GM will have some products that are specific to China, but have common solutions under the hood, he says. More details will come out over the next four to five years, he says.
“We are going to set the industry trend for driving experience,” says Murray. “We are here for the long run.”
I recently had a conversation with Rebecca Hough, CEO of Evatran, the maker of the Plugless Power wireless charging system for electric vehicles. Seems her company is making inroads in China, sort of. I still await the Chinese government’s commitment to building a wireless EV charging infrastructure, however.
About a year ago, I also spoke with Hough (and blogged about it). At that time, Evatran had just announced an investment from Zhejiang VIE Science and Technology Co, a Chinese supplier.
The relationship between VIE and Evatran continues to grow; the next tranche of investment from VIE just occurred. I thought it was a good time to check back with Hough about the JV and her overall take on China’s electric vehicle market.
The most recent investment of $2.3 million occurred in July, and it was the final tranche of the $5.5 million initial investment by VIE in the U.S. Evatran entity. The two earlier tranches, or $1.6 million each, occurred in mid- and late-2015.
Additionally, Evatran and VIE will invest $5 million in the China-based, Hong Kong-registered joint venture. Evatran’s portion will consist of a limited amount of capital plus assignment of intellectual property, as well as technical and engineering support, Hough tells me. Evatran will have a 25 percent ownership stake in the JV.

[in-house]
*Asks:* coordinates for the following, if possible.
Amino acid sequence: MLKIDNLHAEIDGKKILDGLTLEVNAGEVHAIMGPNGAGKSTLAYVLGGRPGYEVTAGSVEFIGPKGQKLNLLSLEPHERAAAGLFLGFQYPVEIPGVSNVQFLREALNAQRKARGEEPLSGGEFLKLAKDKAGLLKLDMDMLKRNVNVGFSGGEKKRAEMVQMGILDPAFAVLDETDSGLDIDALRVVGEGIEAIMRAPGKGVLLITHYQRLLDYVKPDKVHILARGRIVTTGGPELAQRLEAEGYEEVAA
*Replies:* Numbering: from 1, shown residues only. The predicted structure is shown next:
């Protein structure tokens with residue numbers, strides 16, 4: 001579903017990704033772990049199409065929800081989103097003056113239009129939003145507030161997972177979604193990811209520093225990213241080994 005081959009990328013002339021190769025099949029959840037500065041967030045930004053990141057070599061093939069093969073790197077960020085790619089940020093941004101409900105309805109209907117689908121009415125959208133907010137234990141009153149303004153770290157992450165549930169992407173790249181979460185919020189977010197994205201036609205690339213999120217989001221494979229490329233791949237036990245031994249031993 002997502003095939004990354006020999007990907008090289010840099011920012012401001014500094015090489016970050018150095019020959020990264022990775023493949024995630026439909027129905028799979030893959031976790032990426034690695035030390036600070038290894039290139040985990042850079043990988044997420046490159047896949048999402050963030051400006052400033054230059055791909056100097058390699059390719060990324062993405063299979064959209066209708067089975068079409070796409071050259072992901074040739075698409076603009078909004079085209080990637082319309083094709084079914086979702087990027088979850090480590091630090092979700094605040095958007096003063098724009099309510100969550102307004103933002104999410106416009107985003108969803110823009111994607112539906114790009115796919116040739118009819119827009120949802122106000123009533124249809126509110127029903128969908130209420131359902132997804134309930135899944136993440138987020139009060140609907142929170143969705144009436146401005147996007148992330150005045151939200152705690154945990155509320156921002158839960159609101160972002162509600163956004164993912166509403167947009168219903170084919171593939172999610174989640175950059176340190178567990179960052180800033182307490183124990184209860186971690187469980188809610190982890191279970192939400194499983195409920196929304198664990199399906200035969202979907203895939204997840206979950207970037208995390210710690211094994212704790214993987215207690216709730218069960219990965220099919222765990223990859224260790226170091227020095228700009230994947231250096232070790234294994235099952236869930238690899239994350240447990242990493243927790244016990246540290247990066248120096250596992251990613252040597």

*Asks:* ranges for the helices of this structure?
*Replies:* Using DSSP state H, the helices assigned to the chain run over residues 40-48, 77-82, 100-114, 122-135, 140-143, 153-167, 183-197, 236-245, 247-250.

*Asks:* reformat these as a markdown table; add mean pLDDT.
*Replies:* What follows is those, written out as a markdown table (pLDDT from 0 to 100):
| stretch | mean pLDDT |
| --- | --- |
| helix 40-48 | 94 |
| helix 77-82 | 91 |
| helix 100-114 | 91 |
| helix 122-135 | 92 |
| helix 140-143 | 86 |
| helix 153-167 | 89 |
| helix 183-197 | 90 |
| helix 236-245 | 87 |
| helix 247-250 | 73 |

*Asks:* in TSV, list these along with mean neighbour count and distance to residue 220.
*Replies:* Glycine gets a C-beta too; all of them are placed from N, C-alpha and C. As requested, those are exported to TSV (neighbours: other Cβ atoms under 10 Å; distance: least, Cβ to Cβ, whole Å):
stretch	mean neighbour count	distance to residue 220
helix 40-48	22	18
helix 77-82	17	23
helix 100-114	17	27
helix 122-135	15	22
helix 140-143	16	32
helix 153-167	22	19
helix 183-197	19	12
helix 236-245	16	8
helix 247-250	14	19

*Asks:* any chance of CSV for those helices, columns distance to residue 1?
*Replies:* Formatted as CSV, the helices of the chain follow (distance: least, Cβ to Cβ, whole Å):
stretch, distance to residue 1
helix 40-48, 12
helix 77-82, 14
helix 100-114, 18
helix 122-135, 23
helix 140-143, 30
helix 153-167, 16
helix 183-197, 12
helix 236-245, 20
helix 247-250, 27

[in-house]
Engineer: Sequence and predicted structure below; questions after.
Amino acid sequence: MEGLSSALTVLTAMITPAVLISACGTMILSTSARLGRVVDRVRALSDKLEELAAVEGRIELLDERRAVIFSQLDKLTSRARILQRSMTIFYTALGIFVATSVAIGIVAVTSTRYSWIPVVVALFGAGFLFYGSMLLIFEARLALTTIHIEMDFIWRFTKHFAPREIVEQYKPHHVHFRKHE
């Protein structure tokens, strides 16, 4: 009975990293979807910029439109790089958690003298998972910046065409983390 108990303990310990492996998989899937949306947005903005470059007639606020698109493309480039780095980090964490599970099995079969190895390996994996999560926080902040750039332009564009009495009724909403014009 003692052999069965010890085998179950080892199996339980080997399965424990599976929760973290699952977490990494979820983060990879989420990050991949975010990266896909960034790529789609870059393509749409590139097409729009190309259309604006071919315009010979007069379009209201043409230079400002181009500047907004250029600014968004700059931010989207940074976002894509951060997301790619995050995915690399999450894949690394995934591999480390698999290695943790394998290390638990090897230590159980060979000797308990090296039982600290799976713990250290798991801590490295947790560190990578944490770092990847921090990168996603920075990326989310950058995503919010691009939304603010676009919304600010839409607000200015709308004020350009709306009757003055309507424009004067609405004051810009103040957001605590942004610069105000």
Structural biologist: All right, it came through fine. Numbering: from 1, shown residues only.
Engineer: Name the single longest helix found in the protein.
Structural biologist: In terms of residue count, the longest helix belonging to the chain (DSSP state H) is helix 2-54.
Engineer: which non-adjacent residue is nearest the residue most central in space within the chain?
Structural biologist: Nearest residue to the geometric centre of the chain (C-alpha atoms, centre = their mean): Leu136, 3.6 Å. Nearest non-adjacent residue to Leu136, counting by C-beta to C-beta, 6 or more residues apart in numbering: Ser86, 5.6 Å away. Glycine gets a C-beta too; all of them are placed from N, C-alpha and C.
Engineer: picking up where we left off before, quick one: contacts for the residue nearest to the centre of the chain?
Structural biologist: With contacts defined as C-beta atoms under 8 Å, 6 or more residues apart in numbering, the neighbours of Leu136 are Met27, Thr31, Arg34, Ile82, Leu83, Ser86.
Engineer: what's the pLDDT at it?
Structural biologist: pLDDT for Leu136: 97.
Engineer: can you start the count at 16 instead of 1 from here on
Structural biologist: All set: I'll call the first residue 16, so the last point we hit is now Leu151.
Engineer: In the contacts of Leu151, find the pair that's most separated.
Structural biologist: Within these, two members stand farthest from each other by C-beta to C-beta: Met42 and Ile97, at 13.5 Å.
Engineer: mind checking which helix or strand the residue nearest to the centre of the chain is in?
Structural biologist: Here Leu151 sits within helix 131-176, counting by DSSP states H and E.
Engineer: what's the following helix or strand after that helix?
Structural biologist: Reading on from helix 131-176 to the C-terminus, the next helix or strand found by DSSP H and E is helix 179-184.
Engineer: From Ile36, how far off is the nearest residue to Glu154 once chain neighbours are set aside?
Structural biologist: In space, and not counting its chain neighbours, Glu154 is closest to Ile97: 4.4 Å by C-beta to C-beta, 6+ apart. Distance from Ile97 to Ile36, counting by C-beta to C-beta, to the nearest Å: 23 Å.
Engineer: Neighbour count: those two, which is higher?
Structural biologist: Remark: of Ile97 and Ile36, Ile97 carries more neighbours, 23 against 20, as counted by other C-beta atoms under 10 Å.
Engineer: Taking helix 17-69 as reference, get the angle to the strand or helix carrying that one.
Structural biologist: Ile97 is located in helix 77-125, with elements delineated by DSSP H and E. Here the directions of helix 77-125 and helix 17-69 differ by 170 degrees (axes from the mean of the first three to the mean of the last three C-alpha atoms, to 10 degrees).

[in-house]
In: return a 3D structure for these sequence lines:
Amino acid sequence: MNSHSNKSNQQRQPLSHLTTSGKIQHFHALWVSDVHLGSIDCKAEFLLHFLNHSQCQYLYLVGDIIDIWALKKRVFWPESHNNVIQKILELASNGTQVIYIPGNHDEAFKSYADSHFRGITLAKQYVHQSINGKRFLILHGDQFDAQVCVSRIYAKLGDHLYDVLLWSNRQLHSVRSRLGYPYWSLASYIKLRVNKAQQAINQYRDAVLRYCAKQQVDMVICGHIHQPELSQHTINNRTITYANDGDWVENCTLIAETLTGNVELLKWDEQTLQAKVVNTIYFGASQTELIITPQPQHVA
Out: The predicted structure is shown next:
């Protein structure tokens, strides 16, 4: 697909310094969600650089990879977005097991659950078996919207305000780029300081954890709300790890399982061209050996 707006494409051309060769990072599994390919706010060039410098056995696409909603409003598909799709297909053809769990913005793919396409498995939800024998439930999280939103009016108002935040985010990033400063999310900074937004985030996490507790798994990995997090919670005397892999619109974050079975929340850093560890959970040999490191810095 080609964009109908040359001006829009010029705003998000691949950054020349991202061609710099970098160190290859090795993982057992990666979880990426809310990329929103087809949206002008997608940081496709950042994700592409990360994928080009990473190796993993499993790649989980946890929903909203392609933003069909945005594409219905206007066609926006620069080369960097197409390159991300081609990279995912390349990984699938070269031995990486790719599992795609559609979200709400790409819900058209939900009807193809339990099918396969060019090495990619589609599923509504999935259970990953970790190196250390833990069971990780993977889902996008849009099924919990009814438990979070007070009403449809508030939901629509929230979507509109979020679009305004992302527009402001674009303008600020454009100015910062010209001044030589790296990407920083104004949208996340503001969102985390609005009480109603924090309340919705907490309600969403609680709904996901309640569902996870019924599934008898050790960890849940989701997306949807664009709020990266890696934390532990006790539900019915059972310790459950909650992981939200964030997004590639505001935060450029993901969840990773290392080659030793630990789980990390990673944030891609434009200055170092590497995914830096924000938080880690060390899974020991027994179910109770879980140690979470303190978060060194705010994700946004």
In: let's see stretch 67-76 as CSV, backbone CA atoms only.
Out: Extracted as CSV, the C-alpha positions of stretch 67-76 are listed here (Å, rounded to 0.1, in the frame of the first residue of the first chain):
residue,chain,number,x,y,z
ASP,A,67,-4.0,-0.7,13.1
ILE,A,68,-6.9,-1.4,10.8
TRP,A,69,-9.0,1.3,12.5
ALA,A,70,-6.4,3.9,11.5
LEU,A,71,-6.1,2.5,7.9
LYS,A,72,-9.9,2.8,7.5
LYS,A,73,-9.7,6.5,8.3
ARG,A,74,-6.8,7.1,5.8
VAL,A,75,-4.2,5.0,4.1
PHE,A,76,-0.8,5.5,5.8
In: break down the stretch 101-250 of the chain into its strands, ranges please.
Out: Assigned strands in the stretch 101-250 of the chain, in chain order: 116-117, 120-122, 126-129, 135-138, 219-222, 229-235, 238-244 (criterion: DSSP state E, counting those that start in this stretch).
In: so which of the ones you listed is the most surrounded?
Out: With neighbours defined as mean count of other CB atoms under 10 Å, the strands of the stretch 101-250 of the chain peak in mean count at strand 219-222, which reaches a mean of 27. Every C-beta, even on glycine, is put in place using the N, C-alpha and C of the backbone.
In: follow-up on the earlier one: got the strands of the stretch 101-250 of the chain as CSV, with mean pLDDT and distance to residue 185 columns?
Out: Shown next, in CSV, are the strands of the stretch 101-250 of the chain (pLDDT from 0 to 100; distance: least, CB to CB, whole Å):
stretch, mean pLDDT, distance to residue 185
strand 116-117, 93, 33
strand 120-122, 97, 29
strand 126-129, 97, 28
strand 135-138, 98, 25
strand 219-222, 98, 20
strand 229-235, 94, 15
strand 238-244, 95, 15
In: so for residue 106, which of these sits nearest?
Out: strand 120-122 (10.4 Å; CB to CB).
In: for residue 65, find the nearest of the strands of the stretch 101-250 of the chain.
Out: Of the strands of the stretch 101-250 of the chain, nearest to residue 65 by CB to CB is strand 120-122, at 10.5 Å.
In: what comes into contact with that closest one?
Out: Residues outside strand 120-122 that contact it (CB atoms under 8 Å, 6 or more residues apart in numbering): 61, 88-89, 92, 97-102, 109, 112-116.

The target customers for the wireless charging system – known as Plugless Power, in the U.S. – are Chinese automakers, many of whom are already VIE customers, says Hough, Hough indicated the target product was passenger cars, and based on VIE’s website, it seems to supply all the major domestic OEs as well as SGMW.
Rather than sell Plugless Power as an aftermarket product, Evatran and VIE hope to become suppliers to the auto makers themselves. That requires automakers to have plans to produce electric vehicles with wireless charging technology installed. So I guess part of the plan it to use the VIE connection to convince automakers to begin producing electric vehicles that can be charged wirelessly.
As with most things China, there is an issue. China doesn’t yet have a national wireless charging standard. SAE in the U.S. is currently evaluating the J2954 wireless charging standard for light duty plug in/electric vehicles. It is expected to be standardized “after the 2016 timeframe.” But China doesn’t want to use that standard. As Hough pointed out, “China often has its own standard, but close.” Meaning rather than just adopt the same standard as the U.S., China wants its own. Sigh.
Hough figures the lack of a standard in China isn’t a problem. She says that China will likely be similar to the U.S. in that after automakers begin to produce electric vehicles that use wireless charging, a standard will follow.
“In China, we have an opportunity to use what we learned in the U.S.,” says Hough. “We go to the OEMS, says ‘we can put this in the field without having a standard, then develop a standard.”